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Lawmakers say GOP reining in DNR scientists who rebelled on climate change
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Lawmakers say GOP reining in DNR scientists who rebelled on climate change

DNR fisheries

The DNR has decentralized its research bureau and placed scientists in program offices, like the one that covers fisheries. Above, in a file photo, a DNR fisheries biologist, transfers netted walleye to a holding tank on Kawaguesaga Lake in Minocqua. 

Deep in Gov. Scott Walker’s budget proposal is a seemingly benign item formalizing the transfer of 15 scientists within the Wisconsin Department of Natural Resources.

Two years ago, Walker and lawmakers enacted a budget that cut 18 DNR science service bureau researchers amid complaints that their research related to climate change, pollution and wildlife habitat were controversial and unneeded.

Now the science services bureau is being dissolved and its remaining scientists moved to program offices that use their research.

A frequent critic of the DNR said the move will give more control to DNR Secretary Cathy Stepp, who was appointed by Walker in 2011 to make the department friendlier to business.

“I think it’s a more disciplined approach where the leadership of the Department of Natural Resources really directs that research,” said Sen. Tom Tiffany, a Hazelhurst Republican and part of the GOP majority on the Legislature’s budget committee.

Stepp should be able to ensure that research benefits sportsmen and the DNR should be better able to prevent further research that takes climate change into account, Tiffany said.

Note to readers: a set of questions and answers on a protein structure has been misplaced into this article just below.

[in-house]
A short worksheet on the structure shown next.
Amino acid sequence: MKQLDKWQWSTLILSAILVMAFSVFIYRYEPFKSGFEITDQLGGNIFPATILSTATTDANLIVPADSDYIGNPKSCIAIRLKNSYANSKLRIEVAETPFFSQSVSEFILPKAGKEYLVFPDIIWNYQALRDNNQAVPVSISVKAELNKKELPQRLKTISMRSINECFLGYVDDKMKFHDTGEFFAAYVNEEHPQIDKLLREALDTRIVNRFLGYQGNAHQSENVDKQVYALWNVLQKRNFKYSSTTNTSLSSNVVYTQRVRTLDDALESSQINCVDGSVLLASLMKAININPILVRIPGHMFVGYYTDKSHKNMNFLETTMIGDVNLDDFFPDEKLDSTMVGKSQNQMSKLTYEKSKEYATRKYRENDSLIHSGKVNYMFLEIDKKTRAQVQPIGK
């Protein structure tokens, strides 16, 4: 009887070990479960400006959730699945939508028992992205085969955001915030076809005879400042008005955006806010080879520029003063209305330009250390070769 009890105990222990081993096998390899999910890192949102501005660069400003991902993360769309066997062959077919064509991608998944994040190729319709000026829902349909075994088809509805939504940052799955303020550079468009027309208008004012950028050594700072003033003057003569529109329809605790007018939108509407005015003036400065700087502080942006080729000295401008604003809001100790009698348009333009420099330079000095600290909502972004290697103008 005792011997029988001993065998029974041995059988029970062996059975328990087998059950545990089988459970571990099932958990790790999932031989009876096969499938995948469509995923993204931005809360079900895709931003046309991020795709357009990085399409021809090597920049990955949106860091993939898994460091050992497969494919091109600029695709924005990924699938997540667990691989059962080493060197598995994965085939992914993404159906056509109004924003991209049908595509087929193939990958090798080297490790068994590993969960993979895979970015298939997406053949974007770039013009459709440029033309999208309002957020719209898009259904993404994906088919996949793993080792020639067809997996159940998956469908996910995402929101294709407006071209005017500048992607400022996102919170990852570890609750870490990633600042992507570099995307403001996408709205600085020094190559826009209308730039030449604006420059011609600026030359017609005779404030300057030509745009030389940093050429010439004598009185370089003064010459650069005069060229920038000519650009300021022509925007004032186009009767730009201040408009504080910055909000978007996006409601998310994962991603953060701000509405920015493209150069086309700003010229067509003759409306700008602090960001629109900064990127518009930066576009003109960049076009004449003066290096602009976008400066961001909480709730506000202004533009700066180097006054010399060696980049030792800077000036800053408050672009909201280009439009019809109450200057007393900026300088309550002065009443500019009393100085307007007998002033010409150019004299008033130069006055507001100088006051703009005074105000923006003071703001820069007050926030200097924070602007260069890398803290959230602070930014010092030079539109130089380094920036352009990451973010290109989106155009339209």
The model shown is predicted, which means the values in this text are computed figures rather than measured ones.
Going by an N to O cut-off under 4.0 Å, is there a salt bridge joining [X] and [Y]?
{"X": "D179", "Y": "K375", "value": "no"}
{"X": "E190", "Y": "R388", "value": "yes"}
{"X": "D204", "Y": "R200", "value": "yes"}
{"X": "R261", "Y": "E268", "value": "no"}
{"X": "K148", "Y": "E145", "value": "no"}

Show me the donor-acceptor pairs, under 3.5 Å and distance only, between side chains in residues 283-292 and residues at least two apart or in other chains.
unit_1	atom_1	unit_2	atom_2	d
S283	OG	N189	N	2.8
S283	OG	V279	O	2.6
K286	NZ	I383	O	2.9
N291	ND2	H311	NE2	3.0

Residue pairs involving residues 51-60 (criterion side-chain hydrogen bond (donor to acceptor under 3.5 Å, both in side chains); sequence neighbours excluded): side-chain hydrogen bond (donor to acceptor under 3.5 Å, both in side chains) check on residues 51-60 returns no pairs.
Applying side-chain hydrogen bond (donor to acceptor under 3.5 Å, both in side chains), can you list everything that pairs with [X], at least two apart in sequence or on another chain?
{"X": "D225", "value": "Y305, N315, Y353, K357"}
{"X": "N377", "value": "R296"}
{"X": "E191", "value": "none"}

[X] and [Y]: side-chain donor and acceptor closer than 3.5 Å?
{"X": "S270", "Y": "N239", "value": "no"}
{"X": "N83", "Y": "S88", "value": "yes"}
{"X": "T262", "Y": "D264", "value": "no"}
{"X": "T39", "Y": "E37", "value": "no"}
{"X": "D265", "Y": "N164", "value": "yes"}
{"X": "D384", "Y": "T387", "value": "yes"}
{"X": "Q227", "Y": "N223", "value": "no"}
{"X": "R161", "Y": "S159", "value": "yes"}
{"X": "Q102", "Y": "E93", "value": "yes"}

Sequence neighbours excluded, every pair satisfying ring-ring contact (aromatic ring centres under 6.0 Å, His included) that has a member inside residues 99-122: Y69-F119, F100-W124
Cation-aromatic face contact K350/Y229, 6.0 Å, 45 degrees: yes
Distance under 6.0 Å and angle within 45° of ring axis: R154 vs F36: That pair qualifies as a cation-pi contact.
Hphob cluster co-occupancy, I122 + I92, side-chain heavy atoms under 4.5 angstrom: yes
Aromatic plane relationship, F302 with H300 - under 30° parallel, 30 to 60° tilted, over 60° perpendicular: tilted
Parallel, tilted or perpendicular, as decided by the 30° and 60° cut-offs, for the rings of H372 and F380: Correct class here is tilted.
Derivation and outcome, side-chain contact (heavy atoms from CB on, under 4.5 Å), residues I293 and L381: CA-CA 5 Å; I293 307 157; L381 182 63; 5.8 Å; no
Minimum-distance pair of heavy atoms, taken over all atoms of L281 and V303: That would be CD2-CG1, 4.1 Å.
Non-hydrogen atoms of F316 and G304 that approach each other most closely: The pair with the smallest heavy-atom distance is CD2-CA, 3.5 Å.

Tiffany doesn’t accept the findings of 97 percent of working climate scientists that the climate is changing rapidly in large part because of human-caused pollution.

“It’s theoretical,” Tiffany said. “It’s based on models that have not been proven.”

Stepp has said that while the DNR doesn’t take a position on the causes of climate change, it does work to make sure it is adapting its fish stocking plans to findings that show certain lakes and streams are growing too warm for some fish species.

DNR spokesman Jim Dick didn’t respond to requests for more information on the department’s current and future plans for adapting programs to climate change.

However, about two years ago DNR scientists began dropping out of a collaboration with other agencies that began in 2007 to help the state adapt to climate trends, said David Liebl, a co-chairman of the organization.

Some of the researchers have retired or gone to work in other states, but those who remain still want to help the state minimize the potential damage to natural resources from climate change, said Liebl, a UW-Extension professor emeritus and leader of the Wisconsin Initiative on Climate Change Impacts.

After Walker and other Republicans took over state government in 2011 and began pressuring the DNR to change its focus, department scientists tried to keep their work under the radar by substituting terms like “climate variability” for climate change.

Public plan discontinued

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A Legislative Fiscal Bureau paper delivered to lawmakers recently revealed that two years ago the DNR stopped publicly laying out its research plans and priorities, a move Democrats said eliminates accountability and gives Stepp more control.